UPSC Civil Services Exam: Demography At 2040 - Topic In Economic Survey 2019 For IAS Aspirants (Part IX)  representative image (Photo by Mujeeb Faruqui/Hindustan Times via Getty Images)

Economic Survey 2019 chapter 7 talks about the issues of population and demography facing the country. It notes that the projected population and age-structure over the next two decades has several implications for policy:

  1. provision of health care
  2. provision of old-age care
  3. provision of school facilities
  4. access to retirement-related financial services
  5. public pension funding
  6. income tax revenues
  7. labour force and labour participation rates
  8. retirement age

The Survey makes following observations:

  • Population growth rate is declining over decades and is less than 1 per cent for southern states as well as Maharashtra, Himachal Pradesh, West Bengal, Punjab, Odisha, Assam.
  • India’s TFR is 2.3 as of 2016. This is higher than replacement TFR of 2.1. But the Survey argues that due to skewed sex ratio, India might be closer to effective replacement fertility.
  • 13 out of 22 major states are below replacement TFR
  • There is significant heterogeneity across states

For southerns states, Himachal Pradesh, Maharashtra, Punjab, West Bengal following are true:

  • TFR is well below replacement level
  • Most of the population growth is due to momentum
  • more than 10 per cent of the population comprises of those aged 60 years or above
  • Around one third population is below 20 years of age

In contrast, states like Bihar, Uttar Pradesh, Jharkhand, Rajasthan, Chhattisgarh, Madhya Pradesh are in early stages of the demographic transition.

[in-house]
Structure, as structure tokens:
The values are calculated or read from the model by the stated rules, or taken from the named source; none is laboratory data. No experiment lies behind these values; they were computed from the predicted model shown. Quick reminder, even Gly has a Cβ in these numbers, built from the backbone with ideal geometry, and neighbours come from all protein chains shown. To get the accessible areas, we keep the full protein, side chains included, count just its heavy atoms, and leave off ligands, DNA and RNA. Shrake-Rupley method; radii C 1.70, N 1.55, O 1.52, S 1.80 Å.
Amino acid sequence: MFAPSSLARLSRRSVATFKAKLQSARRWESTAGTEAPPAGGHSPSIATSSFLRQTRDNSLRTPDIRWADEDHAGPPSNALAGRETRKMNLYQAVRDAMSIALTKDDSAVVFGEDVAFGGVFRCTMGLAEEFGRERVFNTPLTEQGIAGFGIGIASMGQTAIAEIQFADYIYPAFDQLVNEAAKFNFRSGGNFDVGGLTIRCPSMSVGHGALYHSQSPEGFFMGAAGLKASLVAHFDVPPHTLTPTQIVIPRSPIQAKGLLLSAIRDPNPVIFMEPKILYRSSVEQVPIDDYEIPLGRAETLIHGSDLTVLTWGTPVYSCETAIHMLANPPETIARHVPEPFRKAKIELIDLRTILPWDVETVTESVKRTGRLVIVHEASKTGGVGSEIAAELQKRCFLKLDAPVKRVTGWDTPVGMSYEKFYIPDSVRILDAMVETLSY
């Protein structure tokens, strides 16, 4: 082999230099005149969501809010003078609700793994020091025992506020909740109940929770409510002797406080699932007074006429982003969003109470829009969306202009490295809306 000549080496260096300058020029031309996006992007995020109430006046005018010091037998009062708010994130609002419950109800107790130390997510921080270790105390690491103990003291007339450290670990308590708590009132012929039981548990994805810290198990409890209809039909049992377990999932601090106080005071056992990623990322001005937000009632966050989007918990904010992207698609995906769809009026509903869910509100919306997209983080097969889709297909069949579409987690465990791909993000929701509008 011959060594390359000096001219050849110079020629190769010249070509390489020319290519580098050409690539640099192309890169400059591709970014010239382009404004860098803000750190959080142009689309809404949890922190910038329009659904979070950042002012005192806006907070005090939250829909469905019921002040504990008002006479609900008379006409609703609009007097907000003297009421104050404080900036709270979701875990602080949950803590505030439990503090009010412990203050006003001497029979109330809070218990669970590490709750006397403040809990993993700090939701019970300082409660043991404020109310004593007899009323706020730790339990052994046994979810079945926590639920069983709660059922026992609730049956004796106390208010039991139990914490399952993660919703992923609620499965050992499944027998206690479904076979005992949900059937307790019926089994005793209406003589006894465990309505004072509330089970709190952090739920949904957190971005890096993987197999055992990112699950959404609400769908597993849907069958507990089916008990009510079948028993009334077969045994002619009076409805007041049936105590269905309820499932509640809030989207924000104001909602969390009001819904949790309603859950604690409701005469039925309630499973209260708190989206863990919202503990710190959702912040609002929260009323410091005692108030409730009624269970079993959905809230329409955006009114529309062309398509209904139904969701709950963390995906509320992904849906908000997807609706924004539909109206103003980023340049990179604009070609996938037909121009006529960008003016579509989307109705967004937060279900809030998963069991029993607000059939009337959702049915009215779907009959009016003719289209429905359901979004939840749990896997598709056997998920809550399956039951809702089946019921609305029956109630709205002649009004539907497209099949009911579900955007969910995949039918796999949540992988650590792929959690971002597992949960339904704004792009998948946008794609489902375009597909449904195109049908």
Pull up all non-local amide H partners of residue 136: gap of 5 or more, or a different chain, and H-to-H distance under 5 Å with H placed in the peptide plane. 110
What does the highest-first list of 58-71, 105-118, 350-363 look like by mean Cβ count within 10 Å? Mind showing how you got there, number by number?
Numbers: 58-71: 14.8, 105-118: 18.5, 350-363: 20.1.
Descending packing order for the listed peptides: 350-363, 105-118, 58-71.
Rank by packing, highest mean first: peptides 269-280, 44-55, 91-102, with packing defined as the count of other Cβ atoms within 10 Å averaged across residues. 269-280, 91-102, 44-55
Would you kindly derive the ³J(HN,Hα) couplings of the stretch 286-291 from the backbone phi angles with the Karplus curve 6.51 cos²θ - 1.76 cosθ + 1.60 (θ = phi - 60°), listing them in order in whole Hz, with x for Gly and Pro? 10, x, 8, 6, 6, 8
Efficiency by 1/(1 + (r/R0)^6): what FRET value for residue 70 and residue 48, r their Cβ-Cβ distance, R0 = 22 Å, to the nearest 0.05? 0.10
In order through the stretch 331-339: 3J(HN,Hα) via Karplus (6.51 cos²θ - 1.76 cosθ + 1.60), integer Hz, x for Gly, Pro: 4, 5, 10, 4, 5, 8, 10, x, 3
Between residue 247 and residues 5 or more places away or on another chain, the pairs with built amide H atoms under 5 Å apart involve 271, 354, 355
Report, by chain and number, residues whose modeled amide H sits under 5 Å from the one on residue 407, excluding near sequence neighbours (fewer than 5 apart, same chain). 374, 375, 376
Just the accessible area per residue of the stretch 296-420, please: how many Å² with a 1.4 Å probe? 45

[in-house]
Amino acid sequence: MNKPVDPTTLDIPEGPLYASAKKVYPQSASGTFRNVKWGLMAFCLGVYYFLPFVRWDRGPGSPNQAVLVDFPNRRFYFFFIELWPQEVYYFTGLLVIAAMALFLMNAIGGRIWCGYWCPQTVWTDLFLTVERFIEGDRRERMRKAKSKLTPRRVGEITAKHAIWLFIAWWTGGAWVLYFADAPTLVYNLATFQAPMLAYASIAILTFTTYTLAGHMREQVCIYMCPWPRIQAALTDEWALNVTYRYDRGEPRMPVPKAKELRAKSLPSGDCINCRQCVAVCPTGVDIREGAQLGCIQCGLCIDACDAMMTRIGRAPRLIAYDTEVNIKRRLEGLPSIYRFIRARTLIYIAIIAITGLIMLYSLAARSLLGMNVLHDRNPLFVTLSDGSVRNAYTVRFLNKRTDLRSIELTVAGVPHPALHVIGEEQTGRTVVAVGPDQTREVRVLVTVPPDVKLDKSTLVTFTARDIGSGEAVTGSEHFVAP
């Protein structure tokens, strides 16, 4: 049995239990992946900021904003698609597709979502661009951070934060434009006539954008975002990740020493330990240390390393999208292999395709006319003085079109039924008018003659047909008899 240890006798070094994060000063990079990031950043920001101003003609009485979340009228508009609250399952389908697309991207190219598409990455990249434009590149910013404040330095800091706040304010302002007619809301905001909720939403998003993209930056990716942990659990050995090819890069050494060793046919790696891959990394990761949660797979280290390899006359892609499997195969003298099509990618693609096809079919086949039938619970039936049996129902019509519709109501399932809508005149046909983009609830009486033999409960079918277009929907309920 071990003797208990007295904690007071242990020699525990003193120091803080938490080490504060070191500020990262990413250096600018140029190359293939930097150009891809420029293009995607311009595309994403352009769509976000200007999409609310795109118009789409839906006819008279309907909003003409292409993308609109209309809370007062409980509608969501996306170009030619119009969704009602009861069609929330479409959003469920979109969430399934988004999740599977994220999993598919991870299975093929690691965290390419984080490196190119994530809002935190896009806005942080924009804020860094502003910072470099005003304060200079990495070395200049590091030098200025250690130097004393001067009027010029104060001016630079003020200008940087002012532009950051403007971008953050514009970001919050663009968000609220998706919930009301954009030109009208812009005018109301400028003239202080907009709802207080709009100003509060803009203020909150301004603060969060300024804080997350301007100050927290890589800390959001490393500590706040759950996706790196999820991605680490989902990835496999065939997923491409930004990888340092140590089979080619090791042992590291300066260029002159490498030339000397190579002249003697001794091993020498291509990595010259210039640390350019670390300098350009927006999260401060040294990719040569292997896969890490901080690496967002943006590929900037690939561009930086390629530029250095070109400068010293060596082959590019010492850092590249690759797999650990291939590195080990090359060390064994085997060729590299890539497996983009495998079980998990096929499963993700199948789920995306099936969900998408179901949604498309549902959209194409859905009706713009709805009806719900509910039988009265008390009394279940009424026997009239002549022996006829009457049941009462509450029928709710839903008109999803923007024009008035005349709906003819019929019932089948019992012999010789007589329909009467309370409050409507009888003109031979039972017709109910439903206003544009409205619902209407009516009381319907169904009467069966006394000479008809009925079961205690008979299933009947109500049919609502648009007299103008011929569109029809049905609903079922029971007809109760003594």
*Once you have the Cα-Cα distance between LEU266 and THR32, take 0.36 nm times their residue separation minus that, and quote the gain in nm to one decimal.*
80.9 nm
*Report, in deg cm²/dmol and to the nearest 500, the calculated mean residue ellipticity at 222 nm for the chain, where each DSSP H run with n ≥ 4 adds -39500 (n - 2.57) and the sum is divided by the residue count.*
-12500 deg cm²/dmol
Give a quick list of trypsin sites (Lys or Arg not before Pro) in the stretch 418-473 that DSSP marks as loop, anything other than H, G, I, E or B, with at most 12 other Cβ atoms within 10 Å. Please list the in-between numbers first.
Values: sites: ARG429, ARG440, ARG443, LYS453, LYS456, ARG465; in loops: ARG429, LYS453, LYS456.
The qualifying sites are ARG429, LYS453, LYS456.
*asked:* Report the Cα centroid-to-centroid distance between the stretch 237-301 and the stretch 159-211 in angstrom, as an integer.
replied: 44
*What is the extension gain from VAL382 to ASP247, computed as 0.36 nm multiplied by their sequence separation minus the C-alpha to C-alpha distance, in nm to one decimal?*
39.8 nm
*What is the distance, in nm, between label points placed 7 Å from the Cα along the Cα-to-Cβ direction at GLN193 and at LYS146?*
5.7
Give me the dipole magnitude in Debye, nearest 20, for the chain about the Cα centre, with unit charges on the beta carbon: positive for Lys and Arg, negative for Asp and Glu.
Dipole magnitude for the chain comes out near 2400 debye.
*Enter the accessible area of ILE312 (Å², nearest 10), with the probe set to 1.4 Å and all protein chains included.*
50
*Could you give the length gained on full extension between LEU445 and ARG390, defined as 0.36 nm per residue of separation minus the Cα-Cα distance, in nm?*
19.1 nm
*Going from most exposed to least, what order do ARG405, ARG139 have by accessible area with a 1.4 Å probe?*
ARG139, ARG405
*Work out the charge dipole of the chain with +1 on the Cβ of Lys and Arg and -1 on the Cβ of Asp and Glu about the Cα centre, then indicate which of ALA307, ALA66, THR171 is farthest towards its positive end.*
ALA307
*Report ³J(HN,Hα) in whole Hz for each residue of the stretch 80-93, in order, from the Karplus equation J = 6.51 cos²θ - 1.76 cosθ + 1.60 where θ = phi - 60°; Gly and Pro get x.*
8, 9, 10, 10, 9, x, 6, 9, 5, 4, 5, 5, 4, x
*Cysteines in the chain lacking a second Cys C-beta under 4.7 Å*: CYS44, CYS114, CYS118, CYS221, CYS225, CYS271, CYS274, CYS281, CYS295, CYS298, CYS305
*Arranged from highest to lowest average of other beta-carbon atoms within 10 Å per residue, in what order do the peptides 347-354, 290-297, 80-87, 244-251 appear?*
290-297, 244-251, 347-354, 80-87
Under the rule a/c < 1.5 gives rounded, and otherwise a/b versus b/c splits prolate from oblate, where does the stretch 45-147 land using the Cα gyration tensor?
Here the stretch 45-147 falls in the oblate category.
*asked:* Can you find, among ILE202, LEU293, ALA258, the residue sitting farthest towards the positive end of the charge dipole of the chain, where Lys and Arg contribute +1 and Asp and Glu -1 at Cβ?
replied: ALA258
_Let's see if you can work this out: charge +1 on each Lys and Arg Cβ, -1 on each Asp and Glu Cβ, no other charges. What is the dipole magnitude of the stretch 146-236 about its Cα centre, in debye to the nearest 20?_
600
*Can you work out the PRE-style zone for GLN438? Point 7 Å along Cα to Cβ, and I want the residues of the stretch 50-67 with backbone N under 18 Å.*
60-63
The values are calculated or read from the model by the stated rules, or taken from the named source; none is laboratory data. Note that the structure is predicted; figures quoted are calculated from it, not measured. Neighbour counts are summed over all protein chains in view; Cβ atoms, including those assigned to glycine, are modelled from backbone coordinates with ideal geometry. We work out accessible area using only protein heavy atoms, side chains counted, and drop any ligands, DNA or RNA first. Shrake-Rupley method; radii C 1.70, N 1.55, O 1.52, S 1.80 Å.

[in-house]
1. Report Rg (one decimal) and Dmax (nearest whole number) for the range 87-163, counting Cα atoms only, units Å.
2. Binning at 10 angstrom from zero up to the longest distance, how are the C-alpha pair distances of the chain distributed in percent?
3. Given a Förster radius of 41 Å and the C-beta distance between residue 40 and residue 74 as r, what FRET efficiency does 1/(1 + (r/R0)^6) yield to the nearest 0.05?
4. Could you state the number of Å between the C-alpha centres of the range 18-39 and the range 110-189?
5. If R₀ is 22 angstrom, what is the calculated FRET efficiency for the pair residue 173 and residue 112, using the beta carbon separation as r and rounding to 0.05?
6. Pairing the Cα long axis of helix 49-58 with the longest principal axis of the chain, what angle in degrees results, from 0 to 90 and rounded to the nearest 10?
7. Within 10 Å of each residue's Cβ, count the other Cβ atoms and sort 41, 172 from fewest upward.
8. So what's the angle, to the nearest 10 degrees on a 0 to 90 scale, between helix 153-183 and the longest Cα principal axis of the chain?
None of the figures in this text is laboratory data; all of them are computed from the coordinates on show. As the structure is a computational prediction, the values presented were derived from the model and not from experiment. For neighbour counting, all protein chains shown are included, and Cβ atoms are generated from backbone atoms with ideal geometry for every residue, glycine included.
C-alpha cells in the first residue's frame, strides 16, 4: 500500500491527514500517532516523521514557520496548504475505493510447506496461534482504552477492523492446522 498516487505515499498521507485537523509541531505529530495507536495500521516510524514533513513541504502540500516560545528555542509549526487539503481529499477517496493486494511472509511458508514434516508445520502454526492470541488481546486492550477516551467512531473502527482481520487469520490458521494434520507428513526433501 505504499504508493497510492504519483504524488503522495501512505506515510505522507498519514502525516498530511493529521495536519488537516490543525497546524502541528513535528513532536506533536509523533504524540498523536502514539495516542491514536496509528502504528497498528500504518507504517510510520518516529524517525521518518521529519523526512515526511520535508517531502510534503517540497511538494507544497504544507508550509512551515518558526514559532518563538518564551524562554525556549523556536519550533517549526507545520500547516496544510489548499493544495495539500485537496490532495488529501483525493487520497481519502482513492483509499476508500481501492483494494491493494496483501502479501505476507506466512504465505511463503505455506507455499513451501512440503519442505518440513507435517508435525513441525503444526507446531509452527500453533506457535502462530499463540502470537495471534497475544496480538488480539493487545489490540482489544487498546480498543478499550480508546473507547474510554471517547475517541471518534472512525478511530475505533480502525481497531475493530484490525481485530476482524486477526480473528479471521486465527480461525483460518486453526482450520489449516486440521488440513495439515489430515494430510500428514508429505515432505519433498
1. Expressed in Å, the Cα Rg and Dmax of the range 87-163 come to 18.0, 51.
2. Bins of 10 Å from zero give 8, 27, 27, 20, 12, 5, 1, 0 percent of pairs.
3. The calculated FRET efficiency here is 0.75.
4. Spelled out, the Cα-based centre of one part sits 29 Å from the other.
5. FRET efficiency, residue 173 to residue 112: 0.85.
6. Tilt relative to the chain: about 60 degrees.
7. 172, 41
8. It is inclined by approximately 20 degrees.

The Survey argues that India has entered the next stage of demographic transition -

  • population growth set to slow markedly in the next two decades
  • a significant increase in share of working age population

The Survey says that while family planning methods have worked for decades, certain new socio-economic trends have emerged in the last 10-15 years, that will hasten the decline of TFR. These are: rising female education, postponement of marriage, access to family planning methods, and continued decline in infant mortality.

The Survey argues that population in the 0-19 age bracket has already peaked due to sharp declines in total fertility rates (TFR) across the country.

Accounting for the skewed sex ratio in the country, the national TFR is expected to be below replacement rate by 2021.

The proportion of elementary school-going children, i.e. 5-14 age group, will witness significant declines. Therefore, many states need to pay greater attention to consolidating/merging schools to make them viable rather than building new ones.

Some states will start transitioning to an ageing society by the 2030s. They need to invest in health care as well as a plan for increasing the retirement age in a phased manner.

This ends the chapter 7 of the Economic Survey. In next part, we shall continue with chapter 8. You can read the previous parts of this series here.

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